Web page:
Even though the infection is rare, it can still happen. So, if you happened to be vacationing somewhere and this amoeba swims up your nose and causes a rare infection, is there a way to survive?

Surviving the brain-eating amoeba

According to the CDC, the fatality rate is over 97 percent. There have been 148 cases in the United States from 1962 to 2019 and only 4 people have survived. Effective treatment for the infection hasn’t been proven since almost all cases have been fatal. However, more recently, there have been a few cases where people were treated with enough medication that reduced the swelling in the brain.

This brain-eating amoeba is so tiny that you can’t see it with the naked eye, which can make the average person extremely paranoid about taking a quick dip in your favorite lake or river during the warm months. And although this is a life- threatening situation, infection with Naegleria fowleri is very rare. With that being said, the CDC recommends that you should seek medical care immediately whenever or if ever you develop a sudden onset of fever, headache, stiff neck and vomiting, particularly if you have been in warm freshwater recently.

The CDC also warns that whenever you go swimming or partake in recreational activities in or around freshwater, there will always be a low-level risk of infection. It can take many days or weeks to identify the amoeba in the freshwater source. And because of this, you can safely assume that there’s a low-level risk you’re taking by swimming in any warm freshwater sources, especially during the warmer months and in the southern states.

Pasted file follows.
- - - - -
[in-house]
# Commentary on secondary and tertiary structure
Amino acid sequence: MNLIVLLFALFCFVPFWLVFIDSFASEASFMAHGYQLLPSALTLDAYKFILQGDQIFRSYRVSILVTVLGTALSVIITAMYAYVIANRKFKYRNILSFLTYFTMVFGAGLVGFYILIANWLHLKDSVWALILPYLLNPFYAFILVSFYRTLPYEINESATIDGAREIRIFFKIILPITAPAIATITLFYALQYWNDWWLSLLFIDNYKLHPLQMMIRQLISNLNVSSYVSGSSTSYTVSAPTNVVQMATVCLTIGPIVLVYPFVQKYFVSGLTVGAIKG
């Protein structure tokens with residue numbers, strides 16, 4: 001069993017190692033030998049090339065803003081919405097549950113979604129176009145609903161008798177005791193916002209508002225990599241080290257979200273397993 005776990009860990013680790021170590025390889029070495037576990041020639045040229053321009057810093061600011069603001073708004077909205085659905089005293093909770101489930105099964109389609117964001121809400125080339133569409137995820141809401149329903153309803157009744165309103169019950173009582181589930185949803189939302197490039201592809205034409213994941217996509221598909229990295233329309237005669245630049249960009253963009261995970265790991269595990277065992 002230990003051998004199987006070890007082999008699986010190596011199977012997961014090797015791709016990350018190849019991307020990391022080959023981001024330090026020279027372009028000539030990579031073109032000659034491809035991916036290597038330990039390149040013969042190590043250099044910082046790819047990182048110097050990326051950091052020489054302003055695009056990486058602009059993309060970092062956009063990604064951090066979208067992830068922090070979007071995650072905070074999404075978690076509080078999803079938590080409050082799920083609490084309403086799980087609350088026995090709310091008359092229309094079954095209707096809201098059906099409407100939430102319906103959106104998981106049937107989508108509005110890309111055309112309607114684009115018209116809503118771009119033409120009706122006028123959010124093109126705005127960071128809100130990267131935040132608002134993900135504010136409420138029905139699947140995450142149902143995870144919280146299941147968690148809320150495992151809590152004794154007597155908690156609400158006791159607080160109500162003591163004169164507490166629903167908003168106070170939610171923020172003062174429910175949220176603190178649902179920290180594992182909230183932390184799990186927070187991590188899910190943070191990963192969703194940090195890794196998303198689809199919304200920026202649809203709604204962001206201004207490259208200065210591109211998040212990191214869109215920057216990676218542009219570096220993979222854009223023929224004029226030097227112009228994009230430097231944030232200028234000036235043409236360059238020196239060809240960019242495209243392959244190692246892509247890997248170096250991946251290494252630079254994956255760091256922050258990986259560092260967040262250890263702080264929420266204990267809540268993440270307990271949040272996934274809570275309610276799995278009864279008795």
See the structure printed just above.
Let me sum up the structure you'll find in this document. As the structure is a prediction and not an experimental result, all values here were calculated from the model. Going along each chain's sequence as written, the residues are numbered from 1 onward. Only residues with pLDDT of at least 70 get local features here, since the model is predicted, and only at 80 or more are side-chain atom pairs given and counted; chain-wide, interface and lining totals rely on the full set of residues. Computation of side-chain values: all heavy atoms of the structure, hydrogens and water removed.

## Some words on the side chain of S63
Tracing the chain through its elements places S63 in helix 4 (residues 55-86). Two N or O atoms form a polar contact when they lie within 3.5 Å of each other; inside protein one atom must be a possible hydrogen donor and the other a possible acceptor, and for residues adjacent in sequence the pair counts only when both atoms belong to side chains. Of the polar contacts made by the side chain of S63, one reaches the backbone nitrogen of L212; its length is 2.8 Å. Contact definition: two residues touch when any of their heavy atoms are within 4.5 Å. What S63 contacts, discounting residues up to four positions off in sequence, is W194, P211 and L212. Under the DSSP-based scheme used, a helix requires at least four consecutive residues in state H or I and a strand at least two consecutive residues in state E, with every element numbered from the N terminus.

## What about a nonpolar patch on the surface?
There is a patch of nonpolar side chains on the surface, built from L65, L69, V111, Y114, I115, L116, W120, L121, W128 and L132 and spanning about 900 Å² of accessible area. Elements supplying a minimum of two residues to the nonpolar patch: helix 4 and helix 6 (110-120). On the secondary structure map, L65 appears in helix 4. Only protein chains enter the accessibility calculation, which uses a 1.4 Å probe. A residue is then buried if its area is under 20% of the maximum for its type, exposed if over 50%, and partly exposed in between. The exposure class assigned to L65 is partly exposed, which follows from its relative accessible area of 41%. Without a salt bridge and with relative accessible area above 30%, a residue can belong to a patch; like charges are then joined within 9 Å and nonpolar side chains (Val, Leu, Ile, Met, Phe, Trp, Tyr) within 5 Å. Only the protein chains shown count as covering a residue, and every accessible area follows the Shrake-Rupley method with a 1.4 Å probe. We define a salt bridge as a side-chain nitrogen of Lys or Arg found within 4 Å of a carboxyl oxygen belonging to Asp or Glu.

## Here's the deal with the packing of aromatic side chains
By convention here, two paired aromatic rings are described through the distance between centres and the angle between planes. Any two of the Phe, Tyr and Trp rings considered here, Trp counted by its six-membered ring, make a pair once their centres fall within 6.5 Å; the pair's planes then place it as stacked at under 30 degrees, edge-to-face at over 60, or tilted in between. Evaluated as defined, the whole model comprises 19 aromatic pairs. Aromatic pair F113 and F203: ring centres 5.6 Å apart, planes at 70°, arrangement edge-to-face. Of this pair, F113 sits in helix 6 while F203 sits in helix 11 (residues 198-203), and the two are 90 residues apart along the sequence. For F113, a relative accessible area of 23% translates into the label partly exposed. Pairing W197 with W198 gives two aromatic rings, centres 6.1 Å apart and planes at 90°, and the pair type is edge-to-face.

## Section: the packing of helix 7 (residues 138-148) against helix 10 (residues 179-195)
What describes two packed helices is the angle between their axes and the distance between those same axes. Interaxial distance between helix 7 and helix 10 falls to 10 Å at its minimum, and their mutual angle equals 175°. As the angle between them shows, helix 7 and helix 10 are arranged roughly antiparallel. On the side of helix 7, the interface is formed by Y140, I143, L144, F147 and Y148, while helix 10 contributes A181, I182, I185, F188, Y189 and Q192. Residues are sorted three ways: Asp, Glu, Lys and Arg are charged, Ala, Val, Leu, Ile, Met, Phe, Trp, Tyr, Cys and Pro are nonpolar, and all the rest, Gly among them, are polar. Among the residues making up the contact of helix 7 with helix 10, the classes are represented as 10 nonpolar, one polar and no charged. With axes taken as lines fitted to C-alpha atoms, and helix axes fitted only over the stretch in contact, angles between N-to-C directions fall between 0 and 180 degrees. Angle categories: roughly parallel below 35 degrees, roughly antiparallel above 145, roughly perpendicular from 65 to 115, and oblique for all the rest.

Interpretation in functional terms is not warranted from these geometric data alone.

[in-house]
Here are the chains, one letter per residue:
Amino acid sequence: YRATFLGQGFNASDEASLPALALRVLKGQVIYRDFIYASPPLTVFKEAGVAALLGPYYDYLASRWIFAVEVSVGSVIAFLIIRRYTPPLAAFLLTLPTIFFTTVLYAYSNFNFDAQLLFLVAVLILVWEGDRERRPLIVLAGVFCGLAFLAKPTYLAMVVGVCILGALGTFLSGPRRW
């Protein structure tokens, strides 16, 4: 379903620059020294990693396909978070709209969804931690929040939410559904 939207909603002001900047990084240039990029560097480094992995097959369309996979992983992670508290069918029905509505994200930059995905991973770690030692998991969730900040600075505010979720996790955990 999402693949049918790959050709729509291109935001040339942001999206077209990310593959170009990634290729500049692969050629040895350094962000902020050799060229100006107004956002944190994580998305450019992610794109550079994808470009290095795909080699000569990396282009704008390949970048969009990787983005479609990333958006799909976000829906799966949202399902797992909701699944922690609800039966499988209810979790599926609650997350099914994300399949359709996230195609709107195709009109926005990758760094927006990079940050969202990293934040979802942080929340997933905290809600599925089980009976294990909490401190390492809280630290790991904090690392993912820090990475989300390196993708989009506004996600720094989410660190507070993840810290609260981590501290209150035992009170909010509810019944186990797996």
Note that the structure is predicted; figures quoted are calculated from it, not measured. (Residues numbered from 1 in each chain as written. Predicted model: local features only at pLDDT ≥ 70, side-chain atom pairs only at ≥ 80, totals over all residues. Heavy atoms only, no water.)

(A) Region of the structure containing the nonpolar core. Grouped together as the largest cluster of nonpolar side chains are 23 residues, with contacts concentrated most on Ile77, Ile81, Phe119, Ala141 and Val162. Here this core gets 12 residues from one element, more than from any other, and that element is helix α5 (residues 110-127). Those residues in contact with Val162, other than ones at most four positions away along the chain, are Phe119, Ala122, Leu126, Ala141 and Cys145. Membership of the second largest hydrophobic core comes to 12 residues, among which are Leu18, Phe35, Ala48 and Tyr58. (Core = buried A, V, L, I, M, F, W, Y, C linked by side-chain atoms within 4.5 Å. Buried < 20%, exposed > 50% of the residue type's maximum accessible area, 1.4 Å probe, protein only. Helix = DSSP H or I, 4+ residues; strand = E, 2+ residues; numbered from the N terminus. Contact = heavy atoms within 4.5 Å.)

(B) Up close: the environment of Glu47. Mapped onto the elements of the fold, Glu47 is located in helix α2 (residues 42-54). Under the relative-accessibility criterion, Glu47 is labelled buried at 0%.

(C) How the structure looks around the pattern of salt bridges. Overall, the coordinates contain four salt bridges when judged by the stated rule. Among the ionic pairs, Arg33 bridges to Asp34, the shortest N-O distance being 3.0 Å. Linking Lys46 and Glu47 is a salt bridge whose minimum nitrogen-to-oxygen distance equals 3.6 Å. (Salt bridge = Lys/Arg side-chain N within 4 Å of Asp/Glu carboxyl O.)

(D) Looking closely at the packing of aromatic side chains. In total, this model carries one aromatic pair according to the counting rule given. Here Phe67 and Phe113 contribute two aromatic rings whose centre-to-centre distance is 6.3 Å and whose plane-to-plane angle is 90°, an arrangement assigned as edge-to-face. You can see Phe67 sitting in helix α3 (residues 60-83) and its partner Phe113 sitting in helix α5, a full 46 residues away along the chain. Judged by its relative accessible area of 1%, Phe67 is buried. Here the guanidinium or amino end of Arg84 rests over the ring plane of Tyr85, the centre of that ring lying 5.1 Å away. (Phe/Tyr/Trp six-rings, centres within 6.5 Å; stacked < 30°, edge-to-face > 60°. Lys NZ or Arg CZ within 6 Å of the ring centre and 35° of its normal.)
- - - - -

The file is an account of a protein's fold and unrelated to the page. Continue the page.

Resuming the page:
In fact, the CDC believes that posting signs based on finding the amoeba in the water is an unlikely way to prevent infections because:

  • Naegleria fowleri occurrence is common, infections are rare
  • The relationship between finding the amoeba in the water and the occurrence of infections is unclear
  • The location and number of amoeba in the water can vary over time within the same lake or river
  • There are no rapid, standardized testing methods to detect and quantitate the amoeba in water
  • Posting signs might create a misconception that bodies of water without signs or non-posted area within a posted water body are Naegleria-fowleri-free

There are not many ways to reduce your chances of getting infected by the brain-eating amoeba, except to focus on limiting the amount of water going up the nose and lowering the chances, if possible, that Naegleria fowleri may be in the water. While swimming, you could hold your nose shut or use nose clips, avoid putting your head under the water or avoid warm freshwater when the water temperature is high and the water level is low.

But unfortunately, there is no other prevention to coming into contact with this deadly amoeba except being knowledgeable about its existence in order to catch the symptoms early on. By seeking medical help from a professional in the earliest days of encounter with this infection, there could be a way to help save a life. And again, to help ease your mind, the infection is very rare. Millions of people swim in fresh bodies of water every day, and only a handful of cases have been found. In fact, the rates of people dying from drowning far surpass those of dying from this particular infection.

So, while it’s good to be cautious and know that there are things in the water that could be detrimental to your health, it’s better not to stress about it. Instead, just try to relax and enjoy those family vacations while you can.